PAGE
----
(5)

Batch scheduling and logistics

The plant operates for 350 days a year. The batch recipe time or the time required for one batch to finish is 102.79 h including 96 h of bioreaction and 7.75 h of cycle time, i.e. the minimum time difference required between inoculations of two reactors. Consequently, a total of 1,072 batches were completed in one year. To obtain 1 million tons of B7 biodiesel production, a batch volume of 9,169 m3 is required, and each reactor was assumed to have bioreaction volume of 350 m3, thereby requiring 26 parallel stacked reactor series. The complete scheduling of each process operation is presented by the Gantt chart of the process (Figure 3). The batches are starting continuously in series one after the other. In reality, several parallel stacks of reactors will be inoculated simultaneously to achieve the desired production rate. Inoculum for the final production bioreactor was prepared by series of six bioreactors each with 10% v/v inoculum of C. normanense For each inoculum, the culture was grown until 24–36 h (until the pre-log phase of microbial growth) and then immediately transferred to next reactor. For example, C. normanense was inoculated first in a bio-reactor with working volume of 1 L and was transferred as 10% v/v inoculum into next reactor with final working volume 10 L. It was serially done in six subsequent steps till the final bioreaction working volume was 9.169 m3 (26 reactors of 350 m3 volume) which will be operated for 96 h for lipid and EPS production.

Figure 3

The Gantt chart for the process showing two consecutive batches with upstream and downstream process blocks.

Figure 3

The Gantt chart for the process showing two consecutive batches with upstream and downstream process blocks.

Economic evaluation

Economic evaluation of the process was performed by estimating capital cost of the plant, operating cost of plant and revenue generation. Economic evaluation of the process was conducted using MS-Excel, and Intelligen Inc. Super Pro Designer. All the data were obtained from updated 2016 databases. All equipment costing was carried out by power law model using the Equation (6).  
formula
(6)
where C is the cost of equipment of dimension values S, whereas Co and So are known as the cost and scale information, respectively, available presently via literature (Sweeting 1997).

The cost of the substrate was taken from literature and inbuilt cost databases (2016–17) used by the software. Prices of raw materials were taken from different bulk supplier's websites (like Alibaba.com). Simulations were performed to get streamwise mass flow details after every unit steps. The annual operational cost was calculated using all the significant components of production like raw material cost, labour cost, laboratory quality control (QC) analysis charges, waste disposal cost, utilities, transport and miscellaneous cost into account. Revenues production rates were obtained by the rigorous mass balance across the process and were multiplied with a unit price of the commodities available in the market to get annual revenues and credits. The rate of revenue return (selling prices) for biodiesel B7 and EPS were set to $1.0/kg and $4.5/kg, respectively. The process also earns some credit from its byproduct streams, which can be used in other processes. After trans-esterification crude glycerol was generated, which was used again as substrate. The crude glycerol stream was assumed to fetch 15¢/kg. The biomass residue obtained after lipid extraction was assumed to have a credit worth of 70¢/kg.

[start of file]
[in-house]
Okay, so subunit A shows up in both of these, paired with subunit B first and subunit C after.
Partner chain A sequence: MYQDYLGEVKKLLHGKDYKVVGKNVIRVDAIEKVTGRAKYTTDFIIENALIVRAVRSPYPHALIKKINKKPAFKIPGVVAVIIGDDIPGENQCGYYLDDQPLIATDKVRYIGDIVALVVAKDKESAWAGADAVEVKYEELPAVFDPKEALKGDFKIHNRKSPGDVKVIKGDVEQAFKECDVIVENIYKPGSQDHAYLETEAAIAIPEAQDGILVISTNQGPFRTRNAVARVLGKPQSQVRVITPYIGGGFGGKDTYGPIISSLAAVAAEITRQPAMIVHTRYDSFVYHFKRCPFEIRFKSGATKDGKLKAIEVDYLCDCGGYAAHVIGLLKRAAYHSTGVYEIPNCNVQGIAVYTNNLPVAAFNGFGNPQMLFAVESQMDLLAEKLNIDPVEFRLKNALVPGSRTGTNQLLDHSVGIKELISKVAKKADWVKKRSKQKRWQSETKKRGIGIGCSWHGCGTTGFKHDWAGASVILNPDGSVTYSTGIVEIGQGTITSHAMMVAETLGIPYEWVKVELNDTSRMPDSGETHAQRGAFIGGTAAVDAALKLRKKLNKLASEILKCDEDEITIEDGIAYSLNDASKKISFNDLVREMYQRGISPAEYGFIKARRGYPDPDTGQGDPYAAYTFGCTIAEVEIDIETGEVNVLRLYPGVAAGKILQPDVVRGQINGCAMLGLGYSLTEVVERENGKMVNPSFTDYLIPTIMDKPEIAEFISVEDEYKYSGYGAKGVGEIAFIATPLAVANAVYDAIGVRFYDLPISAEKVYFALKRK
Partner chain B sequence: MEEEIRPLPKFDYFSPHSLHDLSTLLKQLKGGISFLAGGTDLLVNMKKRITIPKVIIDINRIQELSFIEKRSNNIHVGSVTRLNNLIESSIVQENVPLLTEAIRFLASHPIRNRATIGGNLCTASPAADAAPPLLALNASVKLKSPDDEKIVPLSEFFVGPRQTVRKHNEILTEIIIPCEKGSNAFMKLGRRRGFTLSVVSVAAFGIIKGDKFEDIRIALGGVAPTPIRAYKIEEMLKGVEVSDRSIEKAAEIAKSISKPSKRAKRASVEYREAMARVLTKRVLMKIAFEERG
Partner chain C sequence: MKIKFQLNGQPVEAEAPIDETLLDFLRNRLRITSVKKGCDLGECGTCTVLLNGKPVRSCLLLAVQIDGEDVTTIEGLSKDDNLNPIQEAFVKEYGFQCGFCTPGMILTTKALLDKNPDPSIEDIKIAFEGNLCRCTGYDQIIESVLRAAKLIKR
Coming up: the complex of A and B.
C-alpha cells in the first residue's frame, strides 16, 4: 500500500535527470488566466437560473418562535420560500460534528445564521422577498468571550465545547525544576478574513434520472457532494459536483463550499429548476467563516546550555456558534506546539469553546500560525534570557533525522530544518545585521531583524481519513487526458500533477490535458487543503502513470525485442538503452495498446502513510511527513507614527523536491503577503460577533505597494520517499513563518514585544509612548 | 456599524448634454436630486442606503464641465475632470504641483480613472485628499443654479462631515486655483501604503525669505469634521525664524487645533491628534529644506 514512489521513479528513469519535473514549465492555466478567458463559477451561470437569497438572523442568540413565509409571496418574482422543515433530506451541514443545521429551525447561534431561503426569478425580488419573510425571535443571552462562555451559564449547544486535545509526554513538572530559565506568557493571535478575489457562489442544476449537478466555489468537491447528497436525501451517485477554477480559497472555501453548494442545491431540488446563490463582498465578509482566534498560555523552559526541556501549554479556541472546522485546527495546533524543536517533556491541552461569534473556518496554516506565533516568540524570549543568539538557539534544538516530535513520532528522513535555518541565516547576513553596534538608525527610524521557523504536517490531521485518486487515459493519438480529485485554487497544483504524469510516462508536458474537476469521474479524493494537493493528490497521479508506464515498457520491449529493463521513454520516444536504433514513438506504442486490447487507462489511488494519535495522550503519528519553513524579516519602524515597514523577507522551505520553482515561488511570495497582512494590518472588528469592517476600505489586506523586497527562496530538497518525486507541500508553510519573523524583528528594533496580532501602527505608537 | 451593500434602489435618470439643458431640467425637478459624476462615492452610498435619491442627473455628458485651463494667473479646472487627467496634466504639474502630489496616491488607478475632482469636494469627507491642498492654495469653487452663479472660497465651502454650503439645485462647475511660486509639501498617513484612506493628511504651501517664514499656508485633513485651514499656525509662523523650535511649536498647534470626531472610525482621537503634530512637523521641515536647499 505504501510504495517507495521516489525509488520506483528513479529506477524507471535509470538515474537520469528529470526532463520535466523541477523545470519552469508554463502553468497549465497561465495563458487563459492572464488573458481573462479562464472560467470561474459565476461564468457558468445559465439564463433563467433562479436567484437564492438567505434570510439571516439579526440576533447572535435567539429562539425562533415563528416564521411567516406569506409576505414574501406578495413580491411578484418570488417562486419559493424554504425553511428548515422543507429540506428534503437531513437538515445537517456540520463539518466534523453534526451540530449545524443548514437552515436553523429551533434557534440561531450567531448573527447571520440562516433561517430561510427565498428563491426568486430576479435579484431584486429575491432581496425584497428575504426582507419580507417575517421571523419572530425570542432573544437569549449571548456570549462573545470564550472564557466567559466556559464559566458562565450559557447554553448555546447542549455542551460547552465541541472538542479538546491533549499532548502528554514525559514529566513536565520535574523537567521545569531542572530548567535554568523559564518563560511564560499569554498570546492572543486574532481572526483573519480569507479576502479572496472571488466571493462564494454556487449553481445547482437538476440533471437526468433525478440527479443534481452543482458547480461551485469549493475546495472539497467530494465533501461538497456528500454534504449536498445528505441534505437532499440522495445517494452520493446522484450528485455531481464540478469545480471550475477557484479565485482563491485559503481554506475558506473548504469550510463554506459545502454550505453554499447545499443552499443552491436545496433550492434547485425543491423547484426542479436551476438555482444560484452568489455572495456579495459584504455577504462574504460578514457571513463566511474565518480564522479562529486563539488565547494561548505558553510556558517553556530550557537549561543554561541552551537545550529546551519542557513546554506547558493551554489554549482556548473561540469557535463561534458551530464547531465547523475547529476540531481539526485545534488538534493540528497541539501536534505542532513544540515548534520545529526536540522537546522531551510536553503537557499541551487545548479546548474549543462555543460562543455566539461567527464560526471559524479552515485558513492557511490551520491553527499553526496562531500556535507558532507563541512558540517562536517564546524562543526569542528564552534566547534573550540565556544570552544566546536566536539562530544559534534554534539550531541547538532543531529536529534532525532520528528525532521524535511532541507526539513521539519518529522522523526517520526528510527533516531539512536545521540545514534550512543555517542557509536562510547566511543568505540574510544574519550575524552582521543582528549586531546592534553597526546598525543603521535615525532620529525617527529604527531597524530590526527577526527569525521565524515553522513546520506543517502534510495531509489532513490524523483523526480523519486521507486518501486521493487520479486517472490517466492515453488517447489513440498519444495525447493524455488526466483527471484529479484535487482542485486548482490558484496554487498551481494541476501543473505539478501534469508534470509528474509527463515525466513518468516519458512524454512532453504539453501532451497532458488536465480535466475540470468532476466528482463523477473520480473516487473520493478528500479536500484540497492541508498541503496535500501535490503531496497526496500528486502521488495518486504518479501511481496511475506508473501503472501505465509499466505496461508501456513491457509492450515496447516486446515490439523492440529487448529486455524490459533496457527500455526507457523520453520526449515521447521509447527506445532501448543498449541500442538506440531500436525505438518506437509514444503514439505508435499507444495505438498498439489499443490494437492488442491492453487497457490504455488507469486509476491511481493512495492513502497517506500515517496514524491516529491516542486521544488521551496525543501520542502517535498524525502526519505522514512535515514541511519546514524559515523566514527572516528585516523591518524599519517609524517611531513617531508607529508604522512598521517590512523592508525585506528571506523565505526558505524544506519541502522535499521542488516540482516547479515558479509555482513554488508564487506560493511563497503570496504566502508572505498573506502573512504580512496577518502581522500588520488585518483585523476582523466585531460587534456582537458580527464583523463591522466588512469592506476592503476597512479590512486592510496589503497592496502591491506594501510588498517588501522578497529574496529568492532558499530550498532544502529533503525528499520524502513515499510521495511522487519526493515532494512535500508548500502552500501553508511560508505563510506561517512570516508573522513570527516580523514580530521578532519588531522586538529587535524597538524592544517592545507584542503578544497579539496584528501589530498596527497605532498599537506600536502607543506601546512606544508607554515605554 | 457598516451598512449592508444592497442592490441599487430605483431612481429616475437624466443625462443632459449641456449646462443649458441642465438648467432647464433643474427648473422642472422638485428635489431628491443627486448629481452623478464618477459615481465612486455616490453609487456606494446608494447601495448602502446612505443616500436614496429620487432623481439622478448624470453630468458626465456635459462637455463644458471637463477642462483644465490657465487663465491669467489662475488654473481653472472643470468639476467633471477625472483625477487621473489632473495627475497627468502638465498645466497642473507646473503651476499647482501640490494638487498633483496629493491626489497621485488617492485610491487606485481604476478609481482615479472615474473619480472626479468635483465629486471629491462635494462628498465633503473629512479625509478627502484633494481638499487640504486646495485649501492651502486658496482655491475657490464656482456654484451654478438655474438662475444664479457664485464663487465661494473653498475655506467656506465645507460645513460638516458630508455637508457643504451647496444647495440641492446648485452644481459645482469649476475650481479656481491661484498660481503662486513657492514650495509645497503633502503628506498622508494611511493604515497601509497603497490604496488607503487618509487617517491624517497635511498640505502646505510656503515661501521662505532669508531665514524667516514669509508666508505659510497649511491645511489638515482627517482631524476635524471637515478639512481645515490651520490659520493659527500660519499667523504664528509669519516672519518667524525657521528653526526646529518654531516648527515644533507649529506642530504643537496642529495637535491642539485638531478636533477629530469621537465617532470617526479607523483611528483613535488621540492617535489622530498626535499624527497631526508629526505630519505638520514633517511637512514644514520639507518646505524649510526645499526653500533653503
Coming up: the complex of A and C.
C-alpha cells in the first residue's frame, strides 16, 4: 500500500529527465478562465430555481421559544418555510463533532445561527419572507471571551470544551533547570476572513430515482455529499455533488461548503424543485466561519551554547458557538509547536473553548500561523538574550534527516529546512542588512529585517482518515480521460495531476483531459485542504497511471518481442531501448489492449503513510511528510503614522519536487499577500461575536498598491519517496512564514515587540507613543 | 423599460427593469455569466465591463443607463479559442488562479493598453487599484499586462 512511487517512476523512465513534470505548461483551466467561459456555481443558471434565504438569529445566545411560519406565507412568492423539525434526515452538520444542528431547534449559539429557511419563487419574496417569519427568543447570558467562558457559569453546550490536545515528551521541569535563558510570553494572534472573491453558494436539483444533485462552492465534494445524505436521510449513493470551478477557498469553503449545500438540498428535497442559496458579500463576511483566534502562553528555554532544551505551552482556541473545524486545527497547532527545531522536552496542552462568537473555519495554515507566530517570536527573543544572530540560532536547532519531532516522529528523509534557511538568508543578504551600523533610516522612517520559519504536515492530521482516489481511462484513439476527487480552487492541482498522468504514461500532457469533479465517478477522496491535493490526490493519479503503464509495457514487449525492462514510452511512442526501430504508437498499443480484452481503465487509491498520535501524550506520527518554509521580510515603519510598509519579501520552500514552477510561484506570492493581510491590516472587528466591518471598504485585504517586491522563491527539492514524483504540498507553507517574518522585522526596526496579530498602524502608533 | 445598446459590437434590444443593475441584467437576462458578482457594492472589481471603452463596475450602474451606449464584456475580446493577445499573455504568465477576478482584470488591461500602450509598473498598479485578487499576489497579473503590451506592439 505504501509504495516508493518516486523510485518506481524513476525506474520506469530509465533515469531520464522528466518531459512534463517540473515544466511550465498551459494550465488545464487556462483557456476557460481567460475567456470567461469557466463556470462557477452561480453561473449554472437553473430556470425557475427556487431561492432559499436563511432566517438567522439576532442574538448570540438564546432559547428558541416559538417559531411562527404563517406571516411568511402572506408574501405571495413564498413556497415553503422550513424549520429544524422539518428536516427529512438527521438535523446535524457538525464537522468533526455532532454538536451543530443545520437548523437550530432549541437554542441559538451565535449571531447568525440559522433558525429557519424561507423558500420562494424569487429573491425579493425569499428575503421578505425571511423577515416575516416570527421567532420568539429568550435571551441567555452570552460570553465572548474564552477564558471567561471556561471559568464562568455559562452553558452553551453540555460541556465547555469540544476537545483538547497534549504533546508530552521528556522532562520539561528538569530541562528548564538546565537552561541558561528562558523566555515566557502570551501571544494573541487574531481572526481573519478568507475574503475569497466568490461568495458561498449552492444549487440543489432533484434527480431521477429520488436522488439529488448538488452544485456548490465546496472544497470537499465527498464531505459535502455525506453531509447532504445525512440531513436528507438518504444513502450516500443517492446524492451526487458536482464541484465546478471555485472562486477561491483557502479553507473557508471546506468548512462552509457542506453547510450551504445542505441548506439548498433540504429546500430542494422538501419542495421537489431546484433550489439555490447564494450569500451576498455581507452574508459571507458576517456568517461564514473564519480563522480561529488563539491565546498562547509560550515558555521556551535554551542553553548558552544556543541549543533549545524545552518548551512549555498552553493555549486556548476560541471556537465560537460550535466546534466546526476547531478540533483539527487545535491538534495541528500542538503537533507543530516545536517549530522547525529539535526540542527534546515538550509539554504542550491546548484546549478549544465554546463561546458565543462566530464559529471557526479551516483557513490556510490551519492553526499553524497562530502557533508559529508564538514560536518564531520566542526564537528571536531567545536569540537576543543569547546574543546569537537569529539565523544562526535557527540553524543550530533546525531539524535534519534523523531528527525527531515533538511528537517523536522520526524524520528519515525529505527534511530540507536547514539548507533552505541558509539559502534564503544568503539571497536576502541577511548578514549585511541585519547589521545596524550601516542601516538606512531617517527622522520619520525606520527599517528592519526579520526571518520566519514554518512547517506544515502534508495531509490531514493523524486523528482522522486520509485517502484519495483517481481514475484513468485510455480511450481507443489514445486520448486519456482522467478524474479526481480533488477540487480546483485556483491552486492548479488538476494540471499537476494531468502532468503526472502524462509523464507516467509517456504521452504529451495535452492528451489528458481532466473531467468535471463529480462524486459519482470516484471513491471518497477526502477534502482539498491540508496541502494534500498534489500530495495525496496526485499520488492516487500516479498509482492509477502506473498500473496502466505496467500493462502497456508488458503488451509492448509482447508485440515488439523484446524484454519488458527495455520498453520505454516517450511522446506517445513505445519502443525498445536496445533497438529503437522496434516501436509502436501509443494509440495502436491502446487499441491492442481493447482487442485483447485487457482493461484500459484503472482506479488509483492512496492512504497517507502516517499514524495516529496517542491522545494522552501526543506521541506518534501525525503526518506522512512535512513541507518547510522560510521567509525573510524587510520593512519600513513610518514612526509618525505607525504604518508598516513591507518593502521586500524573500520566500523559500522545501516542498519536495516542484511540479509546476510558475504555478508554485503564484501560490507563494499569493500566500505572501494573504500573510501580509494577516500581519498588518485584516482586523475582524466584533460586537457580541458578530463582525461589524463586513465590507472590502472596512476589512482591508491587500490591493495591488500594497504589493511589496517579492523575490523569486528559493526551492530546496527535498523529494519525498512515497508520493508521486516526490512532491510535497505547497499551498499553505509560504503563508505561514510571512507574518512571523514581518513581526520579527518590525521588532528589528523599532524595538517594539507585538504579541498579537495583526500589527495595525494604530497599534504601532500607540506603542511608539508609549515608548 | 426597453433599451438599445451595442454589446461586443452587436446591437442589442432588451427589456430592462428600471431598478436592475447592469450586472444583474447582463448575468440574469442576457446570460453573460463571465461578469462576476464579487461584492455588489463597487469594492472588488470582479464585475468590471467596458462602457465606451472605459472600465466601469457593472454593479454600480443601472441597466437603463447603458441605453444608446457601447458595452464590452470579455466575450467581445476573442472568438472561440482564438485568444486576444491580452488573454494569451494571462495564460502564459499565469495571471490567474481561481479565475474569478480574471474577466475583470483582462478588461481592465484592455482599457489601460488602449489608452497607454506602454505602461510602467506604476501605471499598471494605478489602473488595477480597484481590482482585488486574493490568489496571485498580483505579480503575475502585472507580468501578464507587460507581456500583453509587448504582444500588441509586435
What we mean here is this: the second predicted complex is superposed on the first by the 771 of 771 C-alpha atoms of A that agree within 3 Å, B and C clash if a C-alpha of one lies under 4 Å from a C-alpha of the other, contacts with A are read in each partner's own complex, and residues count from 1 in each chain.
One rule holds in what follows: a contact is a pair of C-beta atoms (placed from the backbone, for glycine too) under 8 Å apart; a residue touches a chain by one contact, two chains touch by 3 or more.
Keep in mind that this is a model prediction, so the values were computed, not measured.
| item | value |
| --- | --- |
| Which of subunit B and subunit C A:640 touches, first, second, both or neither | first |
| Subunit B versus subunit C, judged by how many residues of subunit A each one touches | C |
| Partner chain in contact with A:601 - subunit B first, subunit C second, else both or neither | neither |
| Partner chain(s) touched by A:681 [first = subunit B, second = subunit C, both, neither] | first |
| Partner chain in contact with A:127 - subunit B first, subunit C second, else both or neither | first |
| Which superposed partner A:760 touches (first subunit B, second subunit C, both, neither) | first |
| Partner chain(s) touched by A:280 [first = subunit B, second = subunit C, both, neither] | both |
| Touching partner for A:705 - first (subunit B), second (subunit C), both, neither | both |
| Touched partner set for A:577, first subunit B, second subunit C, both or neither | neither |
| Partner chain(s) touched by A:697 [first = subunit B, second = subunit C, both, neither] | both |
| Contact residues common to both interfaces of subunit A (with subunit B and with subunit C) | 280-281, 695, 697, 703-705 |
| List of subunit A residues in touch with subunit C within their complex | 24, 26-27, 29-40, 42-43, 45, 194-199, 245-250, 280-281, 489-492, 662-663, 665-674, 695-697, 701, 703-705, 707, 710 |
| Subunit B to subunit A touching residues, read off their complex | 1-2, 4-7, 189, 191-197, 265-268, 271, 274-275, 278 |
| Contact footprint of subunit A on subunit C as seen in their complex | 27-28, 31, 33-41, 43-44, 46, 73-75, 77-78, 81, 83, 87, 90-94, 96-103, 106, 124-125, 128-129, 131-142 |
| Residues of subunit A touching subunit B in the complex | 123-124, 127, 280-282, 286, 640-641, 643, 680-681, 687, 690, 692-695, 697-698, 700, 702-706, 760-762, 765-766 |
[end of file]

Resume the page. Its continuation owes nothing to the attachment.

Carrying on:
Revenue & profitability analysis

To evaluate the profitability of the gross process margin, return on investment (ROI), gross profit and payback time was calculated according to the following scheme (Equations (7)–(13)).  
formula
(7)
 
formula
(8)
 
formula
(9)
 
formula
(10)
 
formula
(11)
 
formula
(12)
 
formula
(13)

In the above scheme, revenue is the total value of the sales of the products and credits annually. Annual operating cost of the process comprises all the cost incurred for raw materials, utilities, labor employment, waste treatment, facility use and maintenance, QC and analysis, failed product disposal and other miscellaneous expenses.

RESULTS AND DISCUSSION

Capital cost of the process plant

The total cost required acquiring the facility and its equipment for the plant was $39.7 million. The major cost of the equipment was contributed by centrifuge units which accounted for 34.6% of the total equipment cost. After ethanol addition for EPS extraction (2:1 ratio, ethanol: broth), three batch volumes needed to be centrifuged to obtain the EPS pellets; therefore, it required 196 centrifuges to accommodate the large volume. Another major equipment cost factor was 89 blending tanks making up 17.9% of the cost which were required to mix ethanol and supernatant of the bioreaction broth for EPS extraction. The third major cost factor was 26 units of large 350 m3 bioreactors to achieve the required production. All the other cost factors are listed in Table 2. The unlisted equipment was estimated to be 20% of the cost of the total purchased equipment. The total plant direct cost (TPDC) includes cost elements which were incurred for the establishment of the facility. The TPDC comprises of equipment purchase cost, equipment installation cost, their instrumentation, insulation, electrical connection, the cost of building development, improvement of the yard and other auxiliary charges. In this processing plant, the typical scheme of calculations was used, which often are used as a rule of thumb for such bioprocesses. The scheme of calculation of plant direct cost is shown in Table 3 (SuperPro Module 2016). Accordingly, $118.3 million was required as TPDC. There are various other indirect cost factors involved, which should be accounted. The engineering cost required to properly engineer the plant for required production was accounted for separately. Further construction of the whole facility requires other additional charges, which can be accounted under the head of the construction cost, contractor's fee, and extra contingency. The scheme of calculation for indirect fixed cost estimation is also presented in Table 3.